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World Vision: Why faith leaders are crucial to global COVID-19 vaccine roll-out

The vaccinator of the WV Afghanistan Mobile Health and Nutrition Team is vaccinating children. Most of internally displaced children and mothers have not received the necessary vaccines ever (Image Credit: World Vision Australia).

Faith leaders and community health workers must play a massive role in the global roll-out of a COVID-19 vaccine, a World Vision survey has revealed.

One year on from the World Health Organisation first reporting an outbreak of a new coronavirus in China, new Barrier Analysis studies by World Vision are showing just how important religious leaders’ endorsements of the COVID-19 vaccine will be to efforts to contain and roll back the pandemic.

“The COVID-19 vaccine brings a palpable sense of hope for struggling children and their families, whose lives have been torn apart by the aftershocks from this dreadful pandemic,” said World Vision International CEO and President Andrew Morley.

“Education has been put on hold, health services strained to breaking point, livelihoods ruined, with vulnerable children facing new threats of violence as those who protect them succumb to this terrible disease.

“As we have seen time and again, faith leaders play a crucial role in vaccine rollout. They work with communities to involve them in the process, ensuring they are distributed fairly and fully accepted.”

The aid agency did studies in selected communities in Bangladesh and found 100 per cent of those surveyed who intend to get a vaccine agreed with the statement: “Most of my community leaders and religious leaders would want me to get a COVID-19 vaccine.”

By contrast only 38 per cent of those who intend to refuse a vaccine (‘non-accepters’) agreed with that statement.

Vaccine ‘accepters’ were also 7.1 times more likely (than non-accepters) to say they would be very likely to get a vaccine if a health worker recommended it to them.

The study also found that non-accepters were almost 10 times more likely than accepters to strongly agree with the statement: “Whether I get COVID-19 or not is purely a matter of God’s will or chance.”

They were also 6.8 times more likely to say they did not trust the COVID-19 vaccines at all, and 11 times more likely to say they did not know if getting vaccinated would protect them.

World Vision also carried out studies in Myanmar and found that the factors driving COVID-19 vaccine acceptance in communities there were similar in some aspects. ‘Accepters’ were 3.7 times more likely to say that they would be very likely to get a vaccine if a health worker recommended it to them, and more likely to believe that most of their community and religious leaders will want them to get the vaccine (100 per cent of acceptors vs. 80 per cent of non-accepters).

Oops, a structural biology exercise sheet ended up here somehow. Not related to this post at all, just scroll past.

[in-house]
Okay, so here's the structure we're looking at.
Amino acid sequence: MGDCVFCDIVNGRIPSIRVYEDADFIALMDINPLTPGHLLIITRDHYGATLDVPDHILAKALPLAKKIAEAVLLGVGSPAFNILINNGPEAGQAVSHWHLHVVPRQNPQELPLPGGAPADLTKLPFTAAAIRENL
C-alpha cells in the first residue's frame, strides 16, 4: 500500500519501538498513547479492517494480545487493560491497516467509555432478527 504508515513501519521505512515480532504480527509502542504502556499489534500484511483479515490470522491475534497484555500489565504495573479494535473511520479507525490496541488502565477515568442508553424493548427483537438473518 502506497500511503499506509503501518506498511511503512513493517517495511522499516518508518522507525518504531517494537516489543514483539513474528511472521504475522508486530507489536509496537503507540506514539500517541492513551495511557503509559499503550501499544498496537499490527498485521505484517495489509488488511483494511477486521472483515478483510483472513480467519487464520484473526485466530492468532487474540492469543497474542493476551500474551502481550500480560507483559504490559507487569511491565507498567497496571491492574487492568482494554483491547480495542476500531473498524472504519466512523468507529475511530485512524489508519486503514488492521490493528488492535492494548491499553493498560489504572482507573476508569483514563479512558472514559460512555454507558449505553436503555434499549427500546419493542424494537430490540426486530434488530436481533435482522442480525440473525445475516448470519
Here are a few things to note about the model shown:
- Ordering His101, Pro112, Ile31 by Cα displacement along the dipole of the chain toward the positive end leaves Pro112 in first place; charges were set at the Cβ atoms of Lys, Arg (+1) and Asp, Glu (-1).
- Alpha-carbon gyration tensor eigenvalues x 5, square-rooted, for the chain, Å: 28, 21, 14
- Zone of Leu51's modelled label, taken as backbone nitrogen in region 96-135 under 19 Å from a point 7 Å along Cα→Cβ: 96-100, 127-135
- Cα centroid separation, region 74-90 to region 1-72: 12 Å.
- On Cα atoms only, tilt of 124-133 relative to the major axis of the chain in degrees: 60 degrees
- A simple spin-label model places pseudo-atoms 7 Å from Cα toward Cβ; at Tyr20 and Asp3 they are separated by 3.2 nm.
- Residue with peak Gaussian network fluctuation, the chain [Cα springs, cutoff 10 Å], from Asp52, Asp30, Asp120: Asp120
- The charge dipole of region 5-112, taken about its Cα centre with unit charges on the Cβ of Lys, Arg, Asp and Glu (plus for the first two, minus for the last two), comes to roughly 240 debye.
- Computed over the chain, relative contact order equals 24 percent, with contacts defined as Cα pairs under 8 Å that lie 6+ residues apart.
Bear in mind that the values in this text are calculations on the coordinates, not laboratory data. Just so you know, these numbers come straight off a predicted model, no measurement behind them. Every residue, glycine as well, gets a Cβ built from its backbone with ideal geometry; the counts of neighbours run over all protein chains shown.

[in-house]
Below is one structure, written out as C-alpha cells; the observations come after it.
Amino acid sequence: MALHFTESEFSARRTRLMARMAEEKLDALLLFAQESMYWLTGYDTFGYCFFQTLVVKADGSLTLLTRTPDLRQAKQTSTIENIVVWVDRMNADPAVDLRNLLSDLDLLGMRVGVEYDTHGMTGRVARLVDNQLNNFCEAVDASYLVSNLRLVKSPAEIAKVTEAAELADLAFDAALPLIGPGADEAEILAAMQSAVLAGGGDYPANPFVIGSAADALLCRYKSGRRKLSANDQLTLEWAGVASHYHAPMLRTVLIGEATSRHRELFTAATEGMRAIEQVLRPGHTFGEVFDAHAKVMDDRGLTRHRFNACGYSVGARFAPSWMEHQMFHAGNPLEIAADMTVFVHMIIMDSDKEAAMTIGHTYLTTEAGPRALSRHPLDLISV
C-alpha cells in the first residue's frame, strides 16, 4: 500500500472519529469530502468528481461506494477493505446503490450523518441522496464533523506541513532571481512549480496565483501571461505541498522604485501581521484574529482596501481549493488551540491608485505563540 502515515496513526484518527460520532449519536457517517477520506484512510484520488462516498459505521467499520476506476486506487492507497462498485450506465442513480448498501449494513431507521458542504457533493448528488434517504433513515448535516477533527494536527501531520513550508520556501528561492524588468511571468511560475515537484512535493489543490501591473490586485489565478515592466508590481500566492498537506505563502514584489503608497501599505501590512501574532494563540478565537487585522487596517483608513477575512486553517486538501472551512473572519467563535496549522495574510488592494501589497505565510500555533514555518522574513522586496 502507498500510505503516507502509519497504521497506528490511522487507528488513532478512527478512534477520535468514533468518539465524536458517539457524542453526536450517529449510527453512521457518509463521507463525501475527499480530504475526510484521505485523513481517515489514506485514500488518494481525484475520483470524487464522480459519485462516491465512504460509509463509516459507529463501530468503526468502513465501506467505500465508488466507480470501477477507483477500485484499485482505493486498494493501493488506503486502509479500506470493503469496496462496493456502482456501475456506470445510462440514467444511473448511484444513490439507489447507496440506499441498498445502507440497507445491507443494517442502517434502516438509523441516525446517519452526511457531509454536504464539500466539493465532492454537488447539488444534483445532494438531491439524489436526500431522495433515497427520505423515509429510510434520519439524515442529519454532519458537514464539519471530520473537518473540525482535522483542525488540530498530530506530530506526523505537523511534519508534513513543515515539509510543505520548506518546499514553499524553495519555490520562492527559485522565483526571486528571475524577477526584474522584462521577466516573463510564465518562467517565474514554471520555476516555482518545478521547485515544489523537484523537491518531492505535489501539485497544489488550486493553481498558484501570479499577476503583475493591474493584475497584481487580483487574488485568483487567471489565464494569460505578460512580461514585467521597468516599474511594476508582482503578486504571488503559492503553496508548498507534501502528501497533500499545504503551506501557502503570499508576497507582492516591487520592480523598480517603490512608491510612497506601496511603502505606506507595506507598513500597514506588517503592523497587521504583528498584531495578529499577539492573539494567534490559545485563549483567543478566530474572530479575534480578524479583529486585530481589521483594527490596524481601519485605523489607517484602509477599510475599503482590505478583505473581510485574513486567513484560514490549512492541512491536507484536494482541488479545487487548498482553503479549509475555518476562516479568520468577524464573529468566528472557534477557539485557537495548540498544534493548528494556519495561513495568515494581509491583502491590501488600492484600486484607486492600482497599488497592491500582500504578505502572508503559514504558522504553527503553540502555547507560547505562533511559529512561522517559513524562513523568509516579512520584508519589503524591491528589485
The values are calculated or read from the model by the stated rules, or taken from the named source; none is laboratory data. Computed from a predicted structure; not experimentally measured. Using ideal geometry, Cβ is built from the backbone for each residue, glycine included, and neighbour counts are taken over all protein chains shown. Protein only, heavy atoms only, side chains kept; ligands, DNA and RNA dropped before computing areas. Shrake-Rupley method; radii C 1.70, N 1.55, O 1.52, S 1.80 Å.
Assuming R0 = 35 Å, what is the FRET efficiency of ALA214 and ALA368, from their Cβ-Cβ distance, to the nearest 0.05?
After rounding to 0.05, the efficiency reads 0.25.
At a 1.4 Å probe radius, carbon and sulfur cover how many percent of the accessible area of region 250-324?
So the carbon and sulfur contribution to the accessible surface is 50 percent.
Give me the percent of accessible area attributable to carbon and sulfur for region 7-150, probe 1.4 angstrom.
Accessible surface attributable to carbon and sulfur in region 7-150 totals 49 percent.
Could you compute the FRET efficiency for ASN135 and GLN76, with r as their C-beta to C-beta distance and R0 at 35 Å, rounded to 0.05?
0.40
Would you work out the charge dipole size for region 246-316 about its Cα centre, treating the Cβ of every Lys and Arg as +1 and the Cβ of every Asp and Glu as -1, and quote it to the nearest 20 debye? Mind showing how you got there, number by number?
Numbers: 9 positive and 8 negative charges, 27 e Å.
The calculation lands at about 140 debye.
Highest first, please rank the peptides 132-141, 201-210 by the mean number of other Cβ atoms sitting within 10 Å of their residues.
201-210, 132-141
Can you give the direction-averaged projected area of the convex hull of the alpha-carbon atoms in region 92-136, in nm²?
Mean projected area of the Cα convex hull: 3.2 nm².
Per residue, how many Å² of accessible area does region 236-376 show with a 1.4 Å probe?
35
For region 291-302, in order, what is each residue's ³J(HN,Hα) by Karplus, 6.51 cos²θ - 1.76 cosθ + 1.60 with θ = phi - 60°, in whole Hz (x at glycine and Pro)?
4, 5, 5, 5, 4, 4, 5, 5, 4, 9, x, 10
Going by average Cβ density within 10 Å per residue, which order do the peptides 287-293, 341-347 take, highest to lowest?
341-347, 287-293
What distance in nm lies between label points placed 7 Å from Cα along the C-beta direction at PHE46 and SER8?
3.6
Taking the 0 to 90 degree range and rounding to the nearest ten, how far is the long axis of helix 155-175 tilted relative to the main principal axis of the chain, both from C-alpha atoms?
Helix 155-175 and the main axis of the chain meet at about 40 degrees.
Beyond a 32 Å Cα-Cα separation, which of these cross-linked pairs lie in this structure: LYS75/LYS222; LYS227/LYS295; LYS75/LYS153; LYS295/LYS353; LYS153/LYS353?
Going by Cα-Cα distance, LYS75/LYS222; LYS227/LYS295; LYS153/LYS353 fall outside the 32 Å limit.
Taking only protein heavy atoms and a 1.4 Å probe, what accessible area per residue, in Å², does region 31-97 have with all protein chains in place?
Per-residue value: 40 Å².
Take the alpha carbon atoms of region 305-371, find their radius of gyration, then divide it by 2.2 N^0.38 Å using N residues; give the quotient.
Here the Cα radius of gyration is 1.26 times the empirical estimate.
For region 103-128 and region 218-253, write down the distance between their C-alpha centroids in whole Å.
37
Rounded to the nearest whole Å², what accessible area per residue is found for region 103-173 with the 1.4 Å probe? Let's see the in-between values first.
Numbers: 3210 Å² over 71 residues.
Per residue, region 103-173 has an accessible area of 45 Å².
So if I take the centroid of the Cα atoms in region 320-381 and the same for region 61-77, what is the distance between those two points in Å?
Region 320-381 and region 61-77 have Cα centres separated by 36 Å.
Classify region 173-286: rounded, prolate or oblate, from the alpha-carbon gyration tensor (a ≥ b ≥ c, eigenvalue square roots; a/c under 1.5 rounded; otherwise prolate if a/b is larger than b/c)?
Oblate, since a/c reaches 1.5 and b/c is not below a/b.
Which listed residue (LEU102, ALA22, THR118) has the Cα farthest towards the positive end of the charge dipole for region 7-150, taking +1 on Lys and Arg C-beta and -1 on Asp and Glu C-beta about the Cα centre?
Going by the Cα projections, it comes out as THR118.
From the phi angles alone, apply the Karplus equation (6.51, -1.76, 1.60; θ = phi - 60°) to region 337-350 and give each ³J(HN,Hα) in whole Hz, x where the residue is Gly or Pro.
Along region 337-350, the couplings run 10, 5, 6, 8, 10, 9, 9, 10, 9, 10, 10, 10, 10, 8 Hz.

These findings suggest that endorsement by religious leaders and community health workers is vital for community-level acceptance, the promotion of accurate health information, and to help to ensure high-level vaccination uptake. World Vision currently works with a network of more than 184,000 community health workers and has engaged with more than 210,000 faith leaders globally to combat the spread of the virus, especially at grassroots level.

“I met many faith leaders last year in the eastern Democratic Republic of Congo involved in community acceptance of the Ebola vaccine, and it is clear their work saves countless lives,” Mr Morley said.

Studies conducted in India, Kenya, and Tanzania are currently analysing their results, which will be published at the end of the month. These findings will inform the focus of World Vision’s work in supporting vaccine roll-out and are being made available to the WHO, GAVI, and UNICEF.

“We have extensive experience partnering with children, communities and leaders to implement vaccine solutions around the world,” Mr Morley said. “We helped ensure more than 130,000 people in four countries were vaccinated, using a two-dose regimen, against Ebola in the West Africa and Democratic Republic of Congo outbreaks, and have been heavily involved in Polio eradication efforts for more than 20 years.”

This expertise includes Barrier Analysis surveys, developed by World Vision‘s Tom Davis, to assess reasons for resistance to health programmes.

“While a vaccine represents a scientific triumph, no one can claim victory until it reaches the most vulnerable communities right across the globe,” Mr Morley said. “We challenge the world to be fair in vaccine distribution. Protection from this virus should not be linked to economic power – it should be fair and equitable.

“COVID-19 vaccines will be a lifeline for vulnerable children all over the world, enabling them once again to reach their God-given potential – but only if they reach the vulnerable communities who need them most.”

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